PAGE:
Cholesteatoma is a type of skin cyst
located in the middle ear and skull bone (mastoid).
Causes, incidence, and risk factors
Cholesteatoma can be a birth defect (congenital), but it more commonly occurs as a complication of chronic ear infection
Poor function in the eustachian tube leads to negative pressure in the middle ear. This pulls a part of the eardrum (tympanic membrane) into the middle ear, creating a pocket or cyst that fills with old skin cells and other waste material. The cyst can become infected. The cyst may get bigger and break down some of the middle ear bones or other structures of the ear, affecting hearing, balance, and possibly function of the facial muscles.
Signs and tests
An ear exam may show a pocket or perforation (opening) in the eardrum, often with drainage. The deposit of old skin cells may be visible with a microscope or an otoscope, a special instrument to view the ear. Sometimes a mass of blood vessels may be seen in the ear.
The following tests may be performed to rule out other causes of dizziness.
Surgery is needed to remove the cyst.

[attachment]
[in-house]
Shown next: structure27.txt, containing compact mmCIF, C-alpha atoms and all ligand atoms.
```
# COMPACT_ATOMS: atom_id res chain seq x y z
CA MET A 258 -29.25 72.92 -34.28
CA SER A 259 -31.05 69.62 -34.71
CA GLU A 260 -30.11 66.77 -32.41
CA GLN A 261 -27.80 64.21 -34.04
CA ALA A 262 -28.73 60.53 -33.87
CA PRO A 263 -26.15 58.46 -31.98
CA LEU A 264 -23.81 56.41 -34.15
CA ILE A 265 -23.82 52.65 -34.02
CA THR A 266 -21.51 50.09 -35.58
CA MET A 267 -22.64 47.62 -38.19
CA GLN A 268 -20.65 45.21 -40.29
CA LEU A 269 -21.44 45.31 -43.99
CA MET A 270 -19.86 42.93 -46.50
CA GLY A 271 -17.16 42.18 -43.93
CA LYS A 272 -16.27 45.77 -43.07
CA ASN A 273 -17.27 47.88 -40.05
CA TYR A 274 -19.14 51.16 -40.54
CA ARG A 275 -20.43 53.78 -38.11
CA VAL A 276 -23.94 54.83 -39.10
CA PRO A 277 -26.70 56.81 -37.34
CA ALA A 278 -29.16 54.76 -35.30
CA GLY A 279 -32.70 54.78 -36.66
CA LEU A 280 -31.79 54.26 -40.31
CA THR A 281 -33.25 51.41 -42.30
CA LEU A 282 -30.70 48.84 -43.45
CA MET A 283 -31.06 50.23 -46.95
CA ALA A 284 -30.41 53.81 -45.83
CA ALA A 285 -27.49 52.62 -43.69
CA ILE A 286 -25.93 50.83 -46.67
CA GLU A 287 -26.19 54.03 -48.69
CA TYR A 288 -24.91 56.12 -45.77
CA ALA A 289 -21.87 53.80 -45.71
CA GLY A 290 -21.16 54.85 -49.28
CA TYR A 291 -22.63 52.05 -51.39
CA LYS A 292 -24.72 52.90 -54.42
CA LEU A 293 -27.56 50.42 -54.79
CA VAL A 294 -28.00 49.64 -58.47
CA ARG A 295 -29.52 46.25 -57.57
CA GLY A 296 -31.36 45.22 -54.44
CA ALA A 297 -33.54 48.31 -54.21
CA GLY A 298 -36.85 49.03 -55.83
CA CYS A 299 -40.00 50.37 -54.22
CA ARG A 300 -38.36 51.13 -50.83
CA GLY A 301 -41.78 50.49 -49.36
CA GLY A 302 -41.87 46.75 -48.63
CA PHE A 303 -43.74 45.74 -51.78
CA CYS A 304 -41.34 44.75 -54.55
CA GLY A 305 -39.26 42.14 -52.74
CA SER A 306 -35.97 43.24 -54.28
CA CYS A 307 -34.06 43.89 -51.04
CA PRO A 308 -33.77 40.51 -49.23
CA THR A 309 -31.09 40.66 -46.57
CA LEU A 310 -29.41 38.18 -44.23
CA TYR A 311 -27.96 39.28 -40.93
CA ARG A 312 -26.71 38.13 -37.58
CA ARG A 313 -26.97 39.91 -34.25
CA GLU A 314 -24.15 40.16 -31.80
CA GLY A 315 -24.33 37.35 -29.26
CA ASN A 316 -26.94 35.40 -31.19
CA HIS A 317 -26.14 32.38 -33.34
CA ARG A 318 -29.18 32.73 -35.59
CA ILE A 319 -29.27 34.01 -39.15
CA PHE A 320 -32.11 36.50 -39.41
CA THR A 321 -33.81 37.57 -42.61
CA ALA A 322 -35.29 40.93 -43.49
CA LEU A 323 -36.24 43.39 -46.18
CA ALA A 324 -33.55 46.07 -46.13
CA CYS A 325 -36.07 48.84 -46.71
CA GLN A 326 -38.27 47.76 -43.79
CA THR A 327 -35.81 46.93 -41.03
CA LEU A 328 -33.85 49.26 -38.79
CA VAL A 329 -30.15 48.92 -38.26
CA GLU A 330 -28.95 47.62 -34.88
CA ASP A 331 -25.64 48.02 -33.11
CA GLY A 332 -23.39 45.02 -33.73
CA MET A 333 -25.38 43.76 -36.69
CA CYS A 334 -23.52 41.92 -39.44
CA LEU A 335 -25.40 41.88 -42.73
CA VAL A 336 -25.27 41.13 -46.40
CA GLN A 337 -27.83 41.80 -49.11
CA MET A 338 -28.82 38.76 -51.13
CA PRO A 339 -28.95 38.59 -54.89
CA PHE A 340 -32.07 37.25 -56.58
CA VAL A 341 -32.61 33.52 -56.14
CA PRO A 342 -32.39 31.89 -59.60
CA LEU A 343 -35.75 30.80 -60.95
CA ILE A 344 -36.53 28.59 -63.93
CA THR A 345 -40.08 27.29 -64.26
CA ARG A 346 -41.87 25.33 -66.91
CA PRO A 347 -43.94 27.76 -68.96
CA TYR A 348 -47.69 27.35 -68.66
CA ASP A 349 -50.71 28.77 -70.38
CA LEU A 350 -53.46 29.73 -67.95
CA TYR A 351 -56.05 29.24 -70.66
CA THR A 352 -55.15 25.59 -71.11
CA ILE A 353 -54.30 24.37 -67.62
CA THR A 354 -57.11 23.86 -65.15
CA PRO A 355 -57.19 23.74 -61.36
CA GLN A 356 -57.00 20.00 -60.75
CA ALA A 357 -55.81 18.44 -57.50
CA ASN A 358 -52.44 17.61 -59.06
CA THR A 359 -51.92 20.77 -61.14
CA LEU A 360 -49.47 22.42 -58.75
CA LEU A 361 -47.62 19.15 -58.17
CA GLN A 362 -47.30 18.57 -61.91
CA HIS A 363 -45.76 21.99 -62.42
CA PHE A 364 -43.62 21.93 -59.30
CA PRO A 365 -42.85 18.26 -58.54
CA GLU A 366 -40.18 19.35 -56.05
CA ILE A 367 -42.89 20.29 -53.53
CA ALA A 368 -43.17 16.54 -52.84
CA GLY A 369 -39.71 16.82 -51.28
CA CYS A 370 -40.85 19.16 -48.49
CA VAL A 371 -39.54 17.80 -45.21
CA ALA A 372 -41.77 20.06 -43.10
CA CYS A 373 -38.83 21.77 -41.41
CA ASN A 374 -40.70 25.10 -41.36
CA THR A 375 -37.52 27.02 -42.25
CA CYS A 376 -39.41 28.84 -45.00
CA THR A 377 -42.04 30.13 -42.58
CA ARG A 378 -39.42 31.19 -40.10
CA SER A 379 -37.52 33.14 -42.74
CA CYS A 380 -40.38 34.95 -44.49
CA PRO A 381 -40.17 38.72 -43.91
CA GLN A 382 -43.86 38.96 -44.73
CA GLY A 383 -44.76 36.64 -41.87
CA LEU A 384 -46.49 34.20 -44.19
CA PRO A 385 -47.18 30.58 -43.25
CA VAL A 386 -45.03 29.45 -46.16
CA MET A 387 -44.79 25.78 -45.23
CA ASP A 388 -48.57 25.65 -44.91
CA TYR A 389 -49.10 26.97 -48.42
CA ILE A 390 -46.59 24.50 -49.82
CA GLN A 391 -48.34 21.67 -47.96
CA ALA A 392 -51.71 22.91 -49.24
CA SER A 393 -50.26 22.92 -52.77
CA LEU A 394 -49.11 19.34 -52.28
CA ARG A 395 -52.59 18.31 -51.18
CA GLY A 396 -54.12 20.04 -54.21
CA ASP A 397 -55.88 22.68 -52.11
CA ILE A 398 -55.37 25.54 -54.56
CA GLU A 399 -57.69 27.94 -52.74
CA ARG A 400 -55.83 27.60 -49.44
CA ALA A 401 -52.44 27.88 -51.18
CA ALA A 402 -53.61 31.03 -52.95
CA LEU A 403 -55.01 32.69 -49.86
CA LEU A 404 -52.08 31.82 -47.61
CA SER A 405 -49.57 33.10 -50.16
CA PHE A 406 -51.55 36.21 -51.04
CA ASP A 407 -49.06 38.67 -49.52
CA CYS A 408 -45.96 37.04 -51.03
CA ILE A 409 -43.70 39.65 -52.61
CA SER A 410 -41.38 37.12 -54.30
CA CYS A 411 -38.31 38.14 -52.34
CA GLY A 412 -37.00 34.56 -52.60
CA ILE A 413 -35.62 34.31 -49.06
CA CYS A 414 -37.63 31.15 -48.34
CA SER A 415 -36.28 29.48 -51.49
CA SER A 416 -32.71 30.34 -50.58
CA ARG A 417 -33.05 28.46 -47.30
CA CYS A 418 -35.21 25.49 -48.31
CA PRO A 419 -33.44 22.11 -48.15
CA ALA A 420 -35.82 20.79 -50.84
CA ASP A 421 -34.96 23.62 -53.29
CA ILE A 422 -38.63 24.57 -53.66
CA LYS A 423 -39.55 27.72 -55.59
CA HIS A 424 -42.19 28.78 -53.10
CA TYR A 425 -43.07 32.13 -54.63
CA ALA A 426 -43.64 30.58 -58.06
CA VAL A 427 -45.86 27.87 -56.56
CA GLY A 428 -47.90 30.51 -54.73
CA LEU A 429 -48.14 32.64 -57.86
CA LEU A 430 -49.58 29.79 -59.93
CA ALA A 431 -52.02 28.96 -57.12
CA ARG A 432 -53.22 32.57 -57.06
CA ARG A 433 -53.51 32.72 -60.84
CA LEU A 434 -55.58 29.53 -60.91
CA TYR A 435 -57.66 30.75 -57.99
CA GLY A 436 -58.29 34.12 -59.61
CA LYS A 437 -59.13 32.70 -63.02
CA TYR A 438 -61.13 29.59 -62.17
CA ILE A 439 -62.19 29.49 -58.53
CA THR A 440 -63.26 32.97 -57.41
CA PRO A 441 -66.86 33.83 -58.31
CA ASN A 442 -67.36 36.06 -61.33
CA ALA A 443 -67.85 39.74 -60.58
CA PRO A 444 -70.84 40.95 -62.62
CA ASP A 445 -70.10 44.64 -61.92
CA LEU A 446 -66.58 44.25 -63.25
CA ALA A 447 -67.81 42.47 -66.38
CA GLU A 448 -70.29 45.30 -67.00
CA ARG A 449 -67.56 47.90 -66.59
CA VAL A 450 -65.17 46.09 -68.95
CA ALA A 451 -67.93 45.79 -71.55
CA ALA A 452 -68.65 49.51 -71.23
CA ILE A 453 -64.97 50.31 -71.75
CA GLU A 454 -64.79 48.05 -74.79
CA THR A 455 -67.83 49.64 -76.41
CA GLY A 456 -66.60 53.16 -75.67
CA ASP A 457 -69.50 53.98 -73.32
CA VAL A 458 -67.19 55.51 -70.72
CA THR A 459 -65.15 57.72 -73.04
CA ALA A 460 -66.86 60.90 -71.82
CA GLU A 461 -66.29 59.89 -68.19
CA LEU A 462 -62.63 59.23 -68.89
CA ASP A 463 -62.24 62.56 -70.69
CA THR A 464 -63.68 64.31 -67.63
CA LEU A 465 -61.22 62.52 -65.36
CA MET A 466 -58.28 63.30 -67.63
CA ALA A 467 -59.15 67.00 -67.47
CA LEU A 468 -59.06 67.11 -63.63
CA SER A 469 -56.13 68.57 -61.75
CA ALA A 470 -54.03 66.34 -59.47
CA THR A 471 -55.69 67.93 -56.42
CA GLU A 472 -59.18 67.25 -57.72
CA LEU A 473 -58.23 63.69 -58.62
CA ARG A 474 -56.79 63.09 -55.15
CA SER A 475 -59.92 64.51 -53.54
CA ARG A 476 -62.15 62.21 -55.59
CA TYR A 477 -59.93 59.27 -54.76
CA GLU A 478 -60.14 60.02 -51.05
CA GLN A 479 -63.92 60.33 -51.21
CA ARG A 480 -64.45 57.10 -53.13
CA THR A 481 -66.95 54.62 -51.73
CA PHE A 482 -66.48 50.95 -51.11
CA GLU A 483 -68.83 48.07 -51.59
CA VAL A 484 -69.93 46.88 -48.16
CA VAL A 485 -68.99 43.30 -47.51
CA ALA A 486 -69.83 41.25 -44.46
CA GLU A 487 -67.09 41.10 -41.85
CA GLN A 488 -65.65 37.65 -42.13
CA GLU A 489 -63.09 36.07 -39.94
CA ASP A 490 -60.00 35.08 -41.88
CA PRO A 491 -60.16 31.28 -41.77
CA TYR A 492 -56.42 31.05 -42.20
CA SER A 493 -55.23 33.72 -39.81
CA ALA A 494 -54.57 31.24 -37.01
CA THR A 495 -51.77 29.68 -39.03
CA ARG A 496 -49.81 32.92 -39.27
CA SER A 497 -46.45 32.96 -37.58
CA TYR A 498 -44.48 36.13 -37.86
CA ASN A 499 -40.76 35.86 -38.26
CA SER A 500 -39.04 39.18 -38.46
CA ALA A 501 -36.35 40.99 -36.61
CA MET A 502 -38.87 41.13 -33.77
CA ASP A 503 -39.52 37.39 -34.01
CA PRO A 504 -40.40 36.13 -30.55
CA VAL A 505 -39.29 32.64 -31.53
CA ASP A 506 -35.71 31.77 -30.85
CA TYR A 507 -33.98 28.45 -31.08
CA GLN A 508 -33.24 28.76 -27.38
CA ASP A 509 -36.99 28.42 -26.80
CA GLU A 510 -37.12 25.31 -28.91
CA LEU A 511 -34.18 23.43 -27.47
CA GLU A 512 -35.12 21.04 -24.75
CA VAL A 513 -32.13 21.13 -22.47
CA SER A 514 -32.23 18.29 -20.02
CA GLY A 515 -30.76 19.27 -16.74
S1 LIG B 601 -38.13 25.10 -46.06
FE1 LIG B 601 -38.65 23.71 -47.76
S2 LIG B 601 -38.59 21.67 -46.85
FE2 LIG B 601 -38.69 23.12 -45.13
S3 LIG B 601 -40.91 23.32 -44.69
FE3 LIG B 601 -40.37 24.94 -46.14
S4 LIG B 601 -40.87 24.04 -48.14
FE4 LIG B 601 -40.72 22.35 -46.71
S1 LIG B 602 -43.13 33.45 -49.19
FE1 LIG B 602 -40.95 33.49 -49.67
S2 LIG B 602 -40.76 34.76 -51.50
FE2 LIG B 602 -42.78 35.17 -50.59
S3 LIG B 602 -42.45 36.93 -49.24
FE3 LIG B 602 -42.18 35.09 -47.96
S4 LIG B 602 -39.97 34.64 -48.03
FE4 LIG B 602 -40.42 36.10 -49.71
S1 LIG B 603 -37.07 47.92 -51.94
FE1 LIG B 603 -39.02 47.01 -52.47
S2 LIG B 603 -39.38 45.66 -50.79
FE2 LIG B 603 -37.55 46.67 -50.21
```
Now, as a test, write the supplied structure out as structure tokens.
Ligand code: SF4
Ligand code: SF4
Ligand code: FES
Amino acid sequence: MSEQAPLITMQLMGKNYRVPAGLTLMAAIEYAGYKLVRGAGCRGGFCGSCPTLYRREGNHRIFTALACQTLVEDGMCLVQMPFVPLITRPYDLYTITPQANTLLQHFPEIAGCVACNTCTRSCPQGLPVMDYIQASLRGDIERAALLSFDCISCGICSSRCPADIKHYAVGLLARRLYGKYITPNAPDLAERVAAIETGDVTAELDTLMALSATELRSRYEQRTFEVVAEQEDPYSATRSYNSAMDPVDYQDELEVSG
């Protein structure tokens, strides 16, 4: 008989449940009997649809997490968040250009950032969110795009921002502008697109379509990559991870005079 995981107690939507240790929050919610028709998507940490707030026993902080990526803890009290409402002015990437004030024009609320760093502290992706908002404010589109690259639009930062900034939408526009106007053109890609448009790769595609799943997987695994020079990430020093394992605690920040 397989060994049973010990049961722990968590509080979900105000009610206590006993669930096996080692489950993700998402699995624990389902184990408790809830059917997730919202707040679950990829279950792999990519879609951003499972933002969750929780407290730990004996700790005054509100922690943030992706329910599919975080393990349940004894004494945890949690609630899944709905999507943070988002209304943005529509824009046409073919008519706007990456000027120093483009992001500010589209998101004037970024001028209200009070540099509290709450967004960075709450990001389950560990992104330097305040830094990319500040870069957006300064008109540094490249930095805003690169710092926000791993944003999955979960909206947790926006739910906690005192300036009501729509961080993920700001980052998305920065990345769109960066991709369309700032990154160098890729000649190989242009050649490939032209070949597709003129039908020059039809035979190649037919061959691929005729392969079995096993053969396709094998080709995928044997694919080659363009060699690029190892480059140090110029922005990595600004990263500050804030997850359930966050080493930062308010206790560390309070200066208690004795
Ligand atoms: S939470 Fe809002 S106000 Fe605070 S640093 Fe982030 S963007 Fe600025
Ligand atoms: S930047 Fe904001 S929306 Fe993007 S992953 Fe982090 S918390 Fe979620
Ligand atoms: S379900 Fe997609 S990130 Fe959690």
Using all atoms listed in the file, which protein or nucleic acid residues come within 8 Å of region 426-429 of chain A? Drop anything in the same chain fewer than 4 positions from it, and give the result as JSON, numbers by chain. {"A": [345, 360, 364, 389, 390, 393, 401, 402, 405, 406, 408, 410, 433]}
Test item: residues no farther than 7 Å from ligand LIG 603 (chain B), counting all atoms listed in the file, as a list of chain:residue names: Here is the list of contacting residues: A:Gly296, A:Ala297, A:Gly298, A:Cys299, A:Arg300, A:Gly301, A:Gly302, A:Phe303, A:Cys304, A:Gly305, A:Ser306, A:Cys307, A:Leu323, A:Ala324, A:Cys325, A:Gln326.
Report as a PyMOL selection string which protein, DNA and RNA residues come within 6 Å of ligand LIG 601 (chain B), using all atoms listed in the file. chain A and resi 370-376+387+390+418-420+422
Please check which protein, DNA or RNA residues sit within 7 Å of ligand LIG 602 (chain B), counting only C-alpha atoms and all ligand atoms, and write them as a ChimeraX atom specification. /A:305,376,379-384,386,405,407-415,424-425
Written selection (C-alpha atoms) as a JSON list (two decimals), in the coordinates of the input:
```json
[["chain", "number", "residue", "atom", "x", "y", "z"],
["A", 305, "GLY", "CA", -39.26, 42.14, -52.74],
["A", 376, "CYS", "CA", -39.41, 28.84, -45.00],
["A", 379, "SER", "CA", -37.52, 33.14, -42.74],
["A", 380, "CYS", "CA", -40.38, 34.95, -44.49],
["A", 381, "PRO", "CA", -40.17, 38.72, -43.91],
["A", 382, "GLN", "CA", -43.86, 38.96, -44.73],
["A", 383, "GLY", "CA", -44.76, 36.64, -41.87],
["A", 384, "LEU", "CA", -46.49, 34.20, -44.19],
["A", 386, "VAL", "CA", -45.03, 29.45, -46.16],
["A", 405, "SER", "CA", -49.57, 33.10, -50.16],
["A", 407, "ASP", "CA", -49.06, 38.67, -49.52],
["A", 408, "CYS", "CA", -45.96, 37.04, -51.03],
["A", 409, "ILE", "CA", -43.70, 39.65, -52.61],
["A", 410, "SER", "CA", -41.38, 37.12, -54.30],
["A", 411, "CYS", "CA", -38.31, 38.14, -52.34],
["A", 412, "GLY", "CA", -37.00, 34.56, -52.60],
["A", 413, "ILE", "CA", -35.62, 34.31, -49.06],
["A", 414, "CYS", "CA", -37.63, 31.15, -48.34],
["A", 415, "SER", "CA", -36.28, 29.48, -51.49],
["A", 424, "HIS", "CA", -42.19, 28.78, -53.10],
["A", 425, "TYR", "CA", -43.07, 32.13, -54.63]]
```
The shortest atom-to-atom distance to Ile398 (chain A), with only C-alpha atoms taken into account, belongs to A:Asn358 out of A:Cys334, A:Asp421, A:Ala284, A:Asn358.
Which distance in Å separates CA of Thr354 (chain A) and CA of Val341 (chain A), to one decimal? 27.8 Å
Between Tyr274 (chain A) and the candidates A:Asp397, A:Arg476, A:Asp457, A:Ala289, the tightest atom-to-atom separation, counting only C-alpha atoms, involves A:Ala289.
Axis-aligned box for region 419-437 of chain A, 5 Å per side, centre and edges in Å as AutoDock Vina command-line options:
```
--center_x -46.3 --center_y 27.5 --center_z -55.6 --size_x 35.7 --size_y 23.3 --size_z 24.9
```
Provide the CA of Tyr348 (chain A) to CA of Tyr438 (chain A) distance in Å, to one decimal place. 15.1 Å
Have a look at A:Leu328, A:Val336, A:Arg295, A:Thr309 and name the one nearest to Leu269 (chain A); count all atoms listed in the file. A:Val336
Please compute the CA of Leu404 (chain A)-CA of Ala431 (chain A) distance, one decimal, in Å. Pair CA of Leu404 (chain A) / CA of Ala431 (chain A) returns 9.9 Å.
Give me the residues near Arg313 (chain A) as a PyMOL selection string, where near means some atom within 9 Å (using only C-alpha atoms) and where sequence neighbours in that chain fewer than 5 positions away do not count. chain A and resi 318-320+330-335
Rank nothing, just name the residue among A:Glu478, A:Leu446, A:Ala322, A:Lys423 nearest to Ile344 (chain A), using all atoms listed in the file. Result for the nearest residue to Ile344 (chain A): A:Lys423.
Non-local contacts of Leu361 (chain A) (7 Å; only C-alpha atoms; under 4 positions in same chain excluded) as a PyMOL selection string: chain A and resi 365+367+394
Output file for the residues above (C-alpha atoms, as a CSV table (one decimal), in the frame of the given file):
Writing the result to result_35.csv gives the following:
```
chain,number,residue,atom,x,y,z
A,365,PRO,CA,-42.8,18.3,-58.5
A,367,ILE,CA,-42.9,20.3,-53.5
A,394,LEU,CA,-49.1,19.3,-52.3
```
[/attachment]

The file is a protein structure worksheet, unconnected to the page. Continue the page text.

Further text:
Cholesteatomas usually continue to grow if not removed. Surgery usually works, but you may occasionally need the ear cleaned by a health care provider. Additional surgery may be needed if the cholesteatoma comes back.
Calling your health care provider
Call your health care provider if ear pain, drainage from the ear, or other symptoms occur or worsen, or if hearing loss occurs.
Prompt and complete treatment of chronic ear infection may help to prevent some cases of cholesteatoma.
Chole RA, Sudhoff HH. Chronic otitis media, mastoiditis, and petrositis. In: Cummings CW, Flint PW, Haughey BH, et al, eds. Otolaryngology: Head & Neck Surgery. 5th ed. Philadelphia, Pa: Mosby Elsevier; 2010:chap 139.
O’Handley JG, Tobin EJ, Shah AR. Otorhinolaryngology. In: Rakel RE, ed. Textbook of Family Medicine. 8th ed. Philadelphia, Pa: Saunders Elsevier; 2011:chap 19.
Linda J. Vorvick, MD, Medical Director and Director of Didactic Curriculum, MEDEX Northwest Division of Physician Assistant Studies, Department of Family Medicine, UW Medicine, School of Medicine, University of Washington. Seth Schwartz, MD, MPH, Otolaryngologist, Virginia Mason Medical Center, Seattle, Washington. Also reviewed by David Zieve, MD, MHA, Medical Director, A.D.A.M. Health Solutions, Ebix, Inc.